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Mom says Southwest captain booted boy from flight because of sensory disorder

Caroline says her son, 3-year-old Orion, can struggle with masks because of the disorder. She alerted the airline before the flight out of Denver.

DENVER — A Northglenn family says they were kicked off a Southwest Airlines flight bound for Florida Friday after the pilot found out their three-year-old son has a sensory processing disorder that may make him become overwhelmed with wearing a mask.

Caroline Scott said her son was wearing a mask and wasn’t having any issues at the time of the flight, but she had alerted the airline to the possible problem days before, which prompted the pilot to make the decision.

Scott said she called customer service for Southwest Airlines the week of the flight and was assured her son’s disability wouldn’t be a problem. The family was headed to visit Scott’s 94-year-old grandmother for the first time since she and her husband were vaccinated.

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“When we actually got to our flight we were told there was an issue and they had to ask a supervisor to get the captain’s permission for us to board, even though when I had called they said there would be no issues,” Scott said Tuesday.

Scott said both her son’s occupational therapist and pediatrician wrote letters attesting to her son’s condition and making the airline aware that the parents had the necessary coping skills to help her son if he became distressed about wearing the mask.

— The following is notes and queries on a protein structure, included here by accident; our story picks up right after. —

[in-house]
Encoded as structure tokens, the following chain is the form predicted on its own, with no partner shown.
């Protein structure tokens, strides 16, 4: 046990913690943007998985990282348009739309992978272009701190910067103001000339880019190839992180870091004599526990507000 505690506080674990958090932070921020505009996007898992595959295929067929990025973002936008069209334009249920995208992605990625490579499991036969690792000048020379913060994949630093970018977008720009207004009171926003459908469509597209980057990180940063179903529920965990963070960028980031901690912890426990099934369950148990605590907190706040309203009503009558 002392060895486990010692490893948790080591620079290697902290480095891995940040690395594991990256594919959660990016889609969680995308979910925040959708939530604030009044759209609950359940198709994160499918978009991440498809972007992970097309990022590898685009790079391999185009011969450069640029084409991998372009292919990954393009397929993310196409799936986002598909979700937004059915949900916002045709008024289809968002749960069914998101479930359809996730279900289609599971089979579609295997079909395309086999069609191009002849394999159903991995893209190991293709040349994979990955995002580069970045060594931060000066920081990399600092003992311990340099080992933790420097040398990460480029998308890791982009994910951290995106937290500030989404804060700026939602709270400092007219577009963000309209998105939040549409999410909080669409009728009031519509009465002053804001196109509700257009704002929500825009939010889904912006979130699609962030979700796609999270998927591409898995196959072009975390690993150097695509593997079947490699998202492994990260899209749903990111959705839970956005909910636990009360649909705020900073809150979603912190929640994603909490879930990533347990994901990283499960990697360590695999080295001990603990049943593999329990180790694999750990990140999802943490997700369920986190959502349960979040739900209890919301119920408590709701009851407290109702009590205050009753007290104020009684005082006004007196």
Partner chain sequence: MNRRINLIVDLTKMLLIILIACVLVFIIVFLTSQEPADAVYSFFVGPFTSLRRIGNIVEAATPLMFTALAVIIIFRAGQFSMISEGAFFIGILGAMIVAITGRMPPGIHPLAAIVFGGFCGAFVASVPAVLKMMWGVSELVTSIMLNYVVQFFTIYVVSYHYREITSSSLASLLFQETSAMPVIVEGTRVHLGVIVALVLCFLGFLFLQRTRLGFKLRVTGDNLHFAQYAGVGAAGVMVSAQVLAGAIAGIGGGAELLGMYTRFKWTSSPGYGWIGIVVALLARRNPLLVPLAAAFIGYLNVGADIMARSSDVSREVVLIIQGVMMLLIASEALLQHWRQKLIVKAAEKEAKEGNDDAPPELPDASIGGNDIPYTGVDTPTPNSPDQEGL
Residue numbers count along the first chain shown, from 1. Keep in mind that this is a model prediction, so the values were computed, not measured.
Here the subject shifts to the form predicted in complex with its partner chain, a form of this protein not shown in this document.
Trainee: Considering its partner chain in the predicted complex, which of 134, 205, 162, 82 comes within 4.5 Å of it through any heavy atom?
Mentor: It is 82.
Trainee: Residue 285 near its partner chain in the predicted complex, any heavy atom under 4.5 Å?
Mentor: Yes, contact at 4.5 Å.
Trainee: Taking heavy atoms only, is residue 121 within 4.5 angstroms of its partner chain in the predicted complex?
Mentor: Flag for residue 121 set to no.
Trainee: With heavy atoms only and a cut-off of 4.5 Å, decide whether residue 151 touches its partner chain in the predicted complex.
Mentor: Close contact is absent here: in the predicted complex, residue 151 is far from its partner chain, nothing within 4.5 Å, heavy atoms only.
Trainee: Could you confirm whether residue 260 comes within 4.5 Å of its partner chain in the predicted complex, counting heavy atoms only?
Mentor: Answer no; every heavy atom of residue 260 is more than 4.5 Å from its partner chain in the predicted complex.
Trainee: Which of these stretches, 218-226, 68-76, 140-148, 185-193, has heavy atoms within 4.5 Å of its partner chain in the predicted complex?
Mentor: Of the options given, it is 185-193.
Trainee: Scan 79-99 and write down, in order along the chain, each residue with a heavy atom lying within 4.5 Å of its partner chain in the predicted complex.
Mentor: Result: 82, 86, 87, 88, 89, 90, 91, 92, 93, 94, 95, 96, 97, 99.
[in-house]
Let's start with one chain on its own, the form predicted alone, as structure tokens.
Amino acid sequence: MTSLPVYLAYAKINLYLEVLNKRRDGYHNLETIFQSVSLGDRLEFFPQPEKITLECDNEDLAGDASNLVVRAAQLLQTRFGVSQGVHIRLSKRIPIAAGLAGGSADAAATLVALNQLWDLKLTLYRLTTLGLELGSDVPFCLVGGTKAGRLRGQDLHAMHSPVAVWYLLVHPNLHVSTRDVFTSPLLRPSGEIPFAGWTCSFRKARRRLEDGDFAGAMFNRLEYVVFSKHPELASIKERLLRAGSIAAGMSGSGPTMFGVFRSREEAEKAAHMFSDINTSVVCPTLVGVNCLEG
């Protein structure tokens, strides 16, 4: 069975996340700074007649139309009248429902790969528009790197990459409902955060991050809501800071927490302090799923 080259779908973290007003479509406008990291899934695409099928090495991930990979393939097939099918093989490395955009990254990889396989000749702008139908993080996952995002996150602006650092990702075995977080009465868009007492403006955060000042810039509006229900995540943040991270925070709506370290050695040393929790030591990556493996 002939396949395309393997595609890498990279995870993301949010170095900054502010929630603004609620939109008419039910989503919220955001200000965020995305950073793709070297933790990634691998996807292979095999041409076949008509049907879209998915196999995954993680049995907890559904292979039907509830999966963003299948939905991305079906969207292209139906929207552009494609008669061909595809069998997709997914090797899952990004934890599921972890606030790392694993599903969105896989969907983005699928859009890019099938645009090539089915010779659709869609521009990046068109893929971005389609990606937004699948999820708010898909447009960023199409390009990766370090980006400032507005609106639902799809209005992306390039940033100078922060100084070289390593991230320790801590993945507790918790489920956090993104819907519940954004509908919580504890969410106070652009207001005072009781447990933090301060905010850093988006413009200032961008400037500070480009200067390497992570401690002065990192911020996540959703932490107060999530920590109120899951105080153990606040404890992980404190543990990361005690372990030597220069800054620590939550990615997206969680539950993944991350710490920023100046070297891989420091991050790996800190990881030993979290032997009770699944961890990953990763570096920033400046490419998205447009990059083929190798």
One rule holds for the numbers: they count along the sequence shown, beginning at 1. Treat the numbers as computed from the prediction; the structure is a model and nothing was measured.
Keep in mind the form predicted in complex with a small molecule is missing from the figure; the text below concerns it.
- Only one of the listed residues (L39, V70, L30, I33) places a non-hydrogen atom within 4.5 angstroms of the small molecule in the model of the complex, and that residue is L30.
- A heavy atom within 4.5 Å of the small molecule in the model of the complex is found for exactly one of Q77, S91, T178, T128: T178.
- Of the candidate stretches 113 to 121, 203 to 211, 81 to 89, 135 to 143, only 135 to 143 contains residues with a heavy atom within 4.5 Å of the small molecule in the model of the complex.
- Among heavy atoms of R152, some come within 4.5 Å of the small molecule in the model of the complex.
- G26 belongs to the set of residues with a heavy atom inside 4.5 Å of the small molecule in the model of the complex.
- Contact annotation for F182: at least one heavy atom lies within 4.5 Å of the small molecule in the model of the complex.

She said the captain said he still felt uncomfortable with having the boy on the flight. She said the family assured the airline employees that her son would continue to wear the mask throughout the flight. They took their seats on board the plane, but the supervisor returned moments later.

“They came on to the plane and said we needed to deplane because the captain did not feel comfortable with my son on the plane,” Scott said.

The whole time, Scott said her son was wearing his mask contently and was buckled into his seat.

She said the airline refunded the family for the flight, but by the time the debacle was over, there were no more flights to Florida out of Denver International Airport that night. The family had to stay in a nearby hotel to leave early the next morning on a flight with a different airline which cost nearly $2,000 to book.

Scott said her son did fine on that flight.

“There is this flood of emotion around how could they do this to my child,” she said. “He was compliant and on his best behavior and doing so well and they don’t know the backstory of what it took to get to this point just to travel.”

Scott wrote an e-mail to the airline’s CEO and complained to Southwest’s Customer Service department.

The airline issued this statement to 9NEWS:

“Southwest Airlines regrets any inconvenience this family experienced while traveling, and our Customer Relations Team is contacting the family directly regarding their experience. Southwest Employees are working each day to ensure the requirements of the federal mask mandate with sensitivity during these challenging times. We appreciate the ongoing understanding and cooperation among our Customers and Employees as we work collectively to support the comfort and wellbeing of all who travel with us during the ongoing COVID-19 pandemic.”

Contact 9News reporter Steve Staeger with tips about this or any other story by e-mailing steve@9news.com.

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